The Chilcot inquiry, the British investigation into the lead up to the 2003 invasion of Iraq and its aftermath, will be delayed for at least six months due to a dispute with the government over the release of secret documents.
The findings, resulting partly from 18 months of public hearings including prime ministers Tony Blair and Gordon Brown, senior Cabinet ministers, military commanders and diplomats, were supposed to be released in late 2011 or early 2012, but that it may now need until next summer at the earliest.
The trouble seemed to center on the permission the government would give to release classified information central to the inquiry. “As well as drafting the report, the inquiry will need to negotiate the declassification of a significant volume of currently classified material with the government, to enable this to be quoted in, or published alongside, the inquiry’s report.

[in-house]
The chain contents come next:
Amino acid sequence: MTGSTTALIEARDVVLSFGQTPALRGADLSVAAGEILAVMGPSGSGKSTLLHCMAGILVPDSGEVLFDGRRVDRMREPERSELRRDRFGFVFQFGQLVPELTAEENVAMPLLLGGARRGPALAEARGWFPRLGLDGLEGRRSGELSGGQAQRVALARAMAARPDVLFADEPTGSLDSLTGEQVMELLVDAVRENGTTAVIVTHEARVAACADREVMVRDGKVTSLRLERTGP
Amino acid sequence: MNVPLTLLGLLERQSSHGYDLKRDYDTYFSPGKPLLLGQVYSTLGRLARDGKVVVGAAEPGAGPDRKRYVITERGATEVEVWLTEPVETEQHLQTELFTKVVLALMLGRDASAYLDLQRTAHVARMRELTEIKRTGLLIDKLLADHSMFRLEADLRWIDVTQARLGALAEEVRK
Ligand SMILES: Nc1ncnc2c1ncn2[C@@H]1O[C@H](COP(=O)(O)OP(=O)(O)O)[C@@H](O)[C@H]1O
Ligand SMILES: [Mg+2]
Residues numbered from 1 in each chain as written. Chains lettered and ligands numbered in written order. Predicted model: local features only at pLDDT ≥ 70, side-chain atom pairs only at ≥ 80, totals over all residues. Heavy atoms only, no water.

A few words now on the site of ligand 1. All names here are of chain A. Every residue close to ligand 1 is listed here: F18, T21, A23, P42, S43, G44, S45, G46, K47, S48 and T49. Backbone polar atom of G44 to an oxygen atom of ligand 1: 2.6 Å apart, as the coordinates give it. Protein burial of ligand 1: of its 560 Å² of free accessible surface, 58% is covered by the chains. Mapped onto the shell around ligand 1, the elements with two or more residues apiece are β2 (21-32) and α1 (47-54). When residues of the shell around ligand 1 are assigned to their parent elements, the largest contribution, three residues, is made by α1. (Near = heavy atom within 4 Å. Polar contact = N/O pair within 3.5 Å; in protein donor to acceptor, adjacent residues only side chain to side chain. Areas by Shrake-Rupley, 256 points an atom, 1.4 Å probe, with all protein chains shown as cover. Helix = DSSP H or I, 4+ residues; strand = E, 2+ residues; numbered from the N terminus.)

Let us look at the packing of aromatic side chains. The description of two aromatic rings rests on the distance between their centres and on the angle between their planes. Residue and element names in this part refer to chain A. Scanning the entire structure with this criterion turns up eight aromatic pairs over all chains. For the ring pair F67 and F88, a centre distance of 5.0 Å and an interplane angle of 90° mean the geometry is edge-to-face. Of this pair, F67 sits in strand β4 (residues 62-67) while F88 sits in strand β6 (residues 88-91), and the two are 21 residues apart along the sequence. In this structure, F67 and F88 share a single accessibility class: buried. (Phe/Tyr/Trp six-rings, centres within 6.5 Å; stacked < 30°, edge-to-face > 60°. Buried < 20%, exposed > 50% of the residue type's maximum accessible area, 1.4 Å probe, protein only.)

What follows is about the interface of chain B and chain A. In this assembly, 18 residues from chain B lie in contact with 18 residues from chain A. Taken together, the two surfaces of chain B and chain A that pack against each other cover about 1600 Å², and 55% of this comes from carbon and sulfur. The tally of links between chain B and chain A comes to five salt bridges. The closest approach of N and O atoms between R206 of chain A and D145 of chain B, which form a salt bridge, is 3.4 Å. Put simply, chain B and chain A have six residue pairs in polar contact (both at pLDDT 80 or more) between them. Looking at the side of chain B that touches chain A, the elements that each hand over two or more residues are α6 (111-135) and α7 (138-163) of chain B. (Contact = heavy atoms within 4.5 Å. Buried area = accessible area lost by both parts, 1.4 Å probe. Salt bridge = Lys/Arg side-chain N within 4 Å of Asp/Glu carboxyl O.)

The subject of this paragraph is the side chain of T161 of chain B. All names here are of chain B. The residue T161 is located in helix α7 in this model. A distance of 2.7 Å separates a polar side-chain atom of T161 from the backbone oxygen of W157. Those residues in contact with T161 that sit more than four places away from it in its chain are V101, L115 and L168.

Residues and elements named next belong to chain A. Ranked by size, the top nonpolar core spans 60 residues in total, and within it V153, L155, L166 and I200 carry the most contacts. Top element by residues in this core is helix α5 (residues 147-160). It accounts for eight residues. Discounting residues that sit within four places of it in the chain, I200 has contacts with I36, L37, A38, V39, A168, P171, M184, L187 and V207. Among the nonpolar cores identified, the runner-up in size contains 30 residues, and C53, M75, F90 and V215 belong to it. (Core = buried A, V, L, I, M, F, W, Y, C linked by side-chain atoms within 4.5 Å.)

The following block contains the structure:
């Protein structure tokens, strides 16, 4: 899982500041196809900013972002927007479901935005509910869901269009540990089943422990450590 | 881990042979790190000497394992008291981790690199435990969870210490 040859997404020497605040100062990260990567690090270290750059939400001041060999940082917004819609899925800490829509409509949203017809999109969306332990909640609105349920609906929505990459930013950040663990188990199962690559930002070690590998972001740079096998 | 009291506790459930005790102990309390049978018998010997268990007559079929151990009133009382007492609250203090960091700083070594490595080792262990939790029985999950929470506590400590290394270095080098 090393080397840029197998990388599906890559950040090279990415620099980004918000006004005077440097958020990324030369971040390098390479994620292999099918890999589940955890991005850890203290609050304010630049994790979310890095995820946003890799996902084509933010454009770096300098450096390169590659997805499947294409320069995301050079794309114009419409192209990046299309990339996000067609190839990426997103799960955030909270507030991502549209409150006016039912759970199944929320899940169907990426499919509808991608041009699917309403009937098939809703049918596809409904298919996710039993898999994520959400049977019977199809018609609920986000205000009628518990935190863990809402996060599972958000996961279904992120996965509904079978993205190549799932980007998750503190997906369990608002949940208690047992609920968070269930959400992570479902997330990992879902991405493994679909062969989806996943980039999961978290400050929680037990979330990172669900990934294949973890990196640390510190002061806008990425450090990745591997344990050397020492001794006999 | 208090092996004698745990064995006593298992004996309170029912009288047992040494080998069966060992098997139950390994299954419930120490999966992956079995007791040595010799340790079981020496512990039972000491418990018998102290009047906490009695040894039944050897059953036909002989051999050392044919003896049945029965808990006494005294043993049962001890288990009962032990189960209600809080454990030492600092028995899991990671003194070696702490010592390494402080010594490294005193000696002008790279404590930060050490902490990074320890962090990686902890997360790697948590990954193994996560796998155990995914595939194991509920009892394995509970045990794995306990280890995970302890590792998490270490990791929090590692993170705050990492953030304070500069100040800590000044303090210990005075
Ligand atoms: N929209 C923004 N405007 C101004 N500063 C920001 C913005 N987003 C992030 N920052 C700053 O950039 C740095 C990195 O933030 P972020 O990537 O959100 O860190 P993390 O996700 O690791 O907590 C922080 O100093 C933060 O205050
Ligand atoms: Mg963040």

“That process has begun but there will be a series of further major requests as drafting progresses. The inquiry has made clear that it will need co-operation from the government in completing this in a satisfactory and timely manner.”
Surprisingly, the United States has initiated no such inquiry into the highly questionable government activity, particularly in the Executive Branch during that time. False and fraudulent evidence and a mass of official lies surround the decision to invade Iraq, which turned out to be a war waged without the justification of self-defense, making it a war crime under international law.